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The Little Engine That Could: A Picture Puzzle Board Book (Anglais) Broché – octobre 1999

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Amazon.com: 267 commentaires
83 internautes sur 87 ont trouvé ce commentaire utile 
rebutting the Editorial Reviews for this book 5 octobre 2005
Par Paul Schliesser - Publié sur Amazon.com
Format: Relié
This is the first time that the 'Little Engine' has been published as a deluxe picture book. For this reason alone, it is unfair to compare it to the previous editions. The older editions are illustrated with small, simple, colored line drawings rather than lavish, full-page, full-color paintings.

Long's illustrations are beautiful and, in my opinion, suit the story better than the old ones did. As I child, I was never quite sure if the clown and dolls were toys or people. Long's illustration makes them obviously toys.

Long's illustrations give the different locomotives distinct looks and personalities. The original illustrations for both previous editions of the book have locomotives that are virtually identical, except for being different colors. The passenger engine in Long's illustration is a sleek, streamlined design with an arrogant, sneering expression, while the freight engine is a massive, dark iron, whale-like machine that looms over and peers down at the tiny clown.

It's unfortunate that the review from the School Library Journal was chosen by Amazon for the Editorial Reviews, above. I'd like to correct some errors - the writer has her facts wrong about the history of this book.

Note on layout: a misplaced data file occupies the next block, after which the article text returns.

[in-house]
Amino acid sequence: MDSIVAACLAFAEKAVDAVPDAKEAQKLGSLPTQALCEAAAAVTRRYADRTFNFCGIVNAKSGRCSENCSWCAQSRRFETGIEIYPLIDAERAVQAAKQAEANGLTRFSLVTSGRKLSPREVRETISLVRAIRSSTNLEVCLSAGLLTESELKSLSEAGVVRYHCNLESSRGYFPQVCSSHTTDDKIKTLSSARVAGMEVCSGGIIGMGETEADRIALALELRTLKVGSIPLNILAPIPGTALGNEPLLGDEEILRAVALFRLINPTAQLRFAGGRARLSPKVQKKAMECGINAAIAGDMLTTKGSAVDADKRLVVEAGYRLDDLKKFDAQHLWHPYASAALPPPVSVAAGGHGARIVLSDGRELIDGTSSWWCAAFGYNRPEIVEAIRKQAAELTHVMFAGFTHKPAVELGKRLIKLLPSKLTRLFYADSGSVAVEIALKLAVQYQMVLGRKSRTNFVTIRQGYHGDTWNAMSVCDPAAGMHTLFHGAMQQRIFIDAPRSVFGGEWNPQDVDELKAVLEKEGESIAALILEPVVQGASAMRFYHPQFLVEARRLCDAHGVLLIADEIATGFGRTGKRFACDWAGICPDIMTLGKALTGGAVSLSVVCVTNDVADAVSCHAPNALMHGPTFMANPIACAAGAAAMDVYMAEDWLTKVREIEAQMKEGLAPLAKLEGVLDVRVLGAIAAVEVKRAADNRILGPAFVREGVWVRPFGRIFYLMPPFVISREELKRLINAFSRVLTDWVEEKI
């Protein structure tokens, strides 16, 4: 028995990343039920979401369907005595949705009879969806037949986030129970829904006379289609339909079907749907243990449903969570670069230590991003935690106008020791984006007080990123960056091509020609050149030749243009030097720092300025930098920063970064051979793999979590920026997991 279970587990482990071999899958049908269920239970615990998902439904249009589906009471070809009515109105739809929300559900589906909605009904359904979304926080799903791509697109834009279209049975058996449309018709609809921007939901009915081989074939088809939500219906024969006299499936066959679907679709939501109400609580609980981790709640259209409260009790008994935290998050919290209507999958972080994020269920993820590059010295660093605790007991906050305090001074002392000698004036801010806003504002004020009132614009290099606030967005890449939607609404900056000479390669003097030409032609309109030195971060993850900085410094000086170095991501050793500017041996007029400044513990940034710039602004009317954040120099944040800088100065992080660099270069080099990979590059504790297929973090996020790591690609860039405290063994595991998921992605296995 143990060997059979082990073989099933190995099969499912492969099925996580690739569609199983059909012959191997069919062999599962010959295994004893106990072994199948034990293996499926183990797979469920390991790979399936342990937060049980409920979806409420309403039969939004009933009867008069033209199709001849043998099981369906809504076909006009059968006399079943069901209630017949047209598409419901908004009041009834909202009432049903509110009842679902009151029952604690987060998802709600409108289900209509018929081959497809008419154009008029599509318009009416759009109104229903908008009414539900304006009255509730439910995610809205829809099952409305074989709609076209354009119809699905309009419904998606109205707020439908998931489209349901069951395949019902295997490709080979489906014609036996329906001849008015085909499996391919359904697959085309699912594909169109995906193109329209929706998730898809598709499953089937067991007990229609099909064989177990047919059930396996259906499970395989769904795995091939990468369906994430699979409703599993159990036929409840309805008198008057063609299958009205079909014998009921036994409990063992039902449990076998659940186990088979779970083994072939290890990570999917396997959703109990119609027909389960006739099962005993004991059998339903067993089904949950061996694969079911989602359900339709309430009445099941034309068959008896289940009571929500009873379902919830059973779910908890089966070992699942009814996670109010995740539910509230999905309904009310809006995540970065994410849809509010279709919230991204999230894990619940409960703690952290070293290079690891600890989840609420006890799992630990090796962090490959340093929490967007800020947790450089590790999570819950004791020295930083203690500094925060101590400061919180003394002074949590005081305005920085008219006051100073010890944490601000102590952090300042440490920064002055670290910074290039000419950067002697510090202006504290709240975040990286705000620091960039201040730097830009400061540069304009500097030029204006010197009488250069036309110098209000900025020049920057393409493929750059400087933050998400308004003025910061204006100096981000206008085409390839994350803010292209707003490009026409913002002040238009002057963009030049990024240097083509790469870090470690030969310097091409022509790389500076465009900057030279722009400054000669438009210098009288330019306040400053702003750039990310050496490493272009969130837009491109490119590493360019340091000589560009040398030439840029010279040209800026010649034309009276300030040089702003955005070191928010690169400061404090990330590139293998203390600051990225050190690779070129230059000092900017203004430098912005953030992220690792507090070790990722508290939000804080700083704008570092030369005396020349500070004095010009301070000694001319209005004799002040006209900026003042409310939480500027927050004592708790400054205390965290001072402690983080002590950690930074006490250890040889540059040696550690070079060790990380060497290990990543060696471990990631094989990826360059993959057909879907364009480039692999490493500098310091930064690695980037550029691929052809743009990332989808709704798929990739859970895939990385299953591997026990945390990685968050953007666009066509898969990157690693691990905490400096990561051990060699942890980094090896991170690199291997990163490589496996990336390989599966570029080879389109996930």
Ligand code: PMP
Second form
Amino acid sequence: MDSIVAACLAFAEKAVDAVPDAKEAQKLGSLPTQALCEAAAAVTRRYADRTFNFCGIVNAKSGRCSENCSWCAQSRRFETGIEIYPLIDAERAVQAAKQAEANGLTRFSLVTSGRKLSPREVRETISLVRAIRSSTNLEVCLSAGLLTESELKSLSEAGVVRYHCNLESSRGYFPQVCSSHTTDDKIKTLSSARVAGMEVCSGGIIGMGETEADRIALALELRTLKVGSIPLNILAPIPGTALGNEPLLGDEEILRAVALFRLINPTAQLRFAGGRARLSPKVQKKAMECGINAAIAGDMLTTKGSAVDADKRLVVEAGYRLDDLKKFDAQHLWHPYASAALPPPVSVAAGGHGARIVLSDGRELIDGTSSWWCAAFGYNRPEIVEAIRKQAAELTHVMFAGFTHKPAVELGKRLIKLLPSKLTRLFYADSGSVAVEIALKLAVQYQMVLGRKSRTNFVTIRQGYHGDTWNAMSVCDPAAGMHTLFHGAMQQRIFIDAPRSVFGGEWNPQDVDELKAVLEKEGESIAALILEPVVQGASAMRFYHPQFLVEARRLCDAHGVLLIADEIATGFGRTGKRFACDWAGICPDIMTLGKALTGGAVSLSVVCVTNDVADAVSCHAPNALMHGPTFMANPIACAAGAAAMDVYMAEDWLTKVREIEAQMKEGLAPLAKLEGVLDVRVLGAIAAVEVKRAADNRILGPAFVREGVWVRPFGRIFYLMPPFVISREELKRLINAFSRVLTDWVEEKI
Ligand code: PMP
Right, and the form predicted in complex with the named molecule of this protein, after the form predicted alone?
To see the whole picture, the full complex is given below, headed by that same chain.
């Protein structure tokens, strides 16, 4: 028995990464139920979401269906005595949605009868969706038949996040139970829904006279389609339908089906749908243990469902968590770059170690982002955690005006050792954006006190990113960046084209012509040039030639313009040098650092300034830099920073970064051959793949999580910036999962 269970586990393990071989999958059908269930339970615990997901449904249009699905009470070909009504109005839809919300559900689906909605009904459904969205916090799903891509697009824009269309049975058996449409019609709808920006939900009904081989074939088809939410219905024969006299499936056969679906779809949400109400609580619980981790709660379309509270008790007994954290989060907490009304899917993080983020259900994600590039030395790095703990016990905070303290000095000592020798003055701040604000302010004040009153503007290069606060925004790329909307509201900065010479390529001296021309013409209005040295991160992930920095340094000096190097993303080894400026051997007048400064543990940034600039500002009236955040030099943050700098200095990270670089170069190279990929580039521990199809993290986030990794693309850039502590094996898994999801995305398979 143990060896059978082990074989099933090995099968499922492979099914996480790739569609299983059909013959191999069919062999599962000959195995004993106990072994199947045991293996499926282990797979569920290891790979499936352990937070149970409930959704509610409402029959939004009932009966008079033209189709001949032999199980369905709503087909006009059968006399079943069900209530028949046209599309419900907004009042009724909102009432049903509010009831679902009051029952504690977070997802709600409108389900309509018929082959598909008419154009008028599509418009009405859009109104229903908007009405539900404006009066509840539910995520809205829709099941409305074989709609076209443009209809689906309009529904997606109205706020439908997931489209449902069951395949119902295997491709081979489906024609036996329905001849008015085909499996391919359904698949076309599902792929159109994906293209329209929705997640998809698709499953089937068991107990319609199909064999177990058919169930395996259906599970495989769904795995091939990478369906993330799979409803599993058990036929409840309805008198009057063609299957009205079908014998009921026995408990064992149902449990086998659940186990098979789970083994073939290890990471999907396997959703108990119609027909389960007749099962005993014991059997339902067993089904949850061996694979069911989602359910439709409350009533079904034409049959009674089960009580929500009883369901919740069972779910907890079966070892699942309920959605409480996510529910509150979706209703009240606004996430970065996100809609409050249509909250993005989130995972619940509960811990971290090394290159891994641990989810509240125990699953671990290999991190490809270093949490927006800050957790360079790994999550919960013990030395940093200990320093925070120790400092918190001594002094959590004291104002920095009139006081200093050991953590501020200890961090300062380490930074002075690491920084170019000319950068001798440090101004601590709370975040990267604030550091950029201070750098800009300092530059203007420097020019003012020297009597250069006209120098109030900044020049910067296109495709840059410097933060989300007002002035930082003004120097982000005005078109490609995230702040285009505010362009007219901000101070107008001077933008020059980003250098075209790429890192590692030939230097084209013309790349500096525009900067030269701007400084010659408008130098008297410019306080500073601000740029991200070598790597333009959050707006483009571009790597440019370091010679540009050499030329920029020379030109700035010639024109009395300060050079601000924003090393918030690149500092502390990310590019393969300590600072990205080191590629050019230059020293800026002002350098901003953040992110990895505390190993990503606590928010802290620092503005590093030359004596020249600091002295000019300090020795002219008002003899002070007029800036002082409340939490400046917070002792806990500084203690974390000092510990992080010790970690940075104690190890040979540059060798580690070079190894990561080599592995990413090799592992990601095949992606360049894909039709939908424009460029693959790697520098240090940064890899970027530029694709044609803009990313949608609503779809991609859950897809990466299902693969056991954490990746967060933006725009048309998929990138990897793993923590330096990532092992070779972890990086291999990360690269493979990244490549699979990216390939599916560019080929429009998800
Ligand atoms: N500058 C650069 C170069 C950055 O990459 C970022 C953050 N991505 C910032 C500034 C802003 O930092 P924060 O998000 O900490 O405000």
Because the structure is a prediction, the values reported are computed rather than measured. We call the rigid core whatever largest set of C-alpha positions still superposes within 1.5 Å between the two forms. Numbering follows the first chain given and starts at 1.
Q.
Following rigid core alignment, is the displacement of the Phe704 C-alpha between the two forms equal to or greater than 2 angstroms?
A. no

What Burg believes to be the original edition of the book is, in fact, the 1954 edition with illustrations by George and Doris Hauman. Although Burg praises the '1930s' look of these illustrations with the green poka-dotted clown, they scream '1950s!'. While most people today are familiar with this version, I think the older illustrations are showing their age, and I believe children today will relate better to Long's paintings. Also, as I have stated above, I believe Long's illustrations help tell the story better.

The actual 1930s illustrations were colored line drawings by Lois Lenski, and few people today will have seen them. Interestingly, those illustrations show the story taking place in a stark, snow-covered winter landscape.

Burg claims Loren Long's paintings have a '1950s' look. Anyone familiar with painting styles of the 1930s will recognize the influence of painters like Grant Wood on Long's style. Long's illustrations are much truer to the 1930s than the 1954 illustrations are.

I am a friend of Loren Long's, and I know how hard he worked on these illustrations and how much this book meant to him. These paintings were a labor of love.
50 internautes sur 51 ont trouvé ce commentaire utile 
Where's the rest of the story? 1 mai 2000
Par Un client - Publié sur Amazon.com
Format: Cartonné Achat vérifié
This will teach me not to read the reviews carefully before purchase. This is a very abridged version of the classic story: the bright shiny engine and the big strong engine are nowhere to be found. If you're after the book you remember from your childhood, find another version. The illustrations are bright & fun, but there's just too much missing from the story.
32 internautes sur 35 ont trouvé ce commentaire utile 
Abridged edition 20 janvier 2000
Par Bill Franke - Publié sur Amazon.com
Format: Cartonné
This is one of the great children's stories of all time. I loved it as a child and read it over and over again, and my son has been demanding it as a bedtime story regularly since he was2-1/2 years old. The 1991 Platt & Munk (a division of Grosset & Dunlap) edition, beautifully illustrated by Cristina Ong, leaves out all the requests made to the busy trains. The story is now very brief (which is why I give it only 3 stars instead of the 5 the full-length version deserves)--I suppose because it is a board book--but the essentials are all there. It also changes the sex of the engines from male to female, so perhaps some parents would like to read this edition to their children as well as one of the others.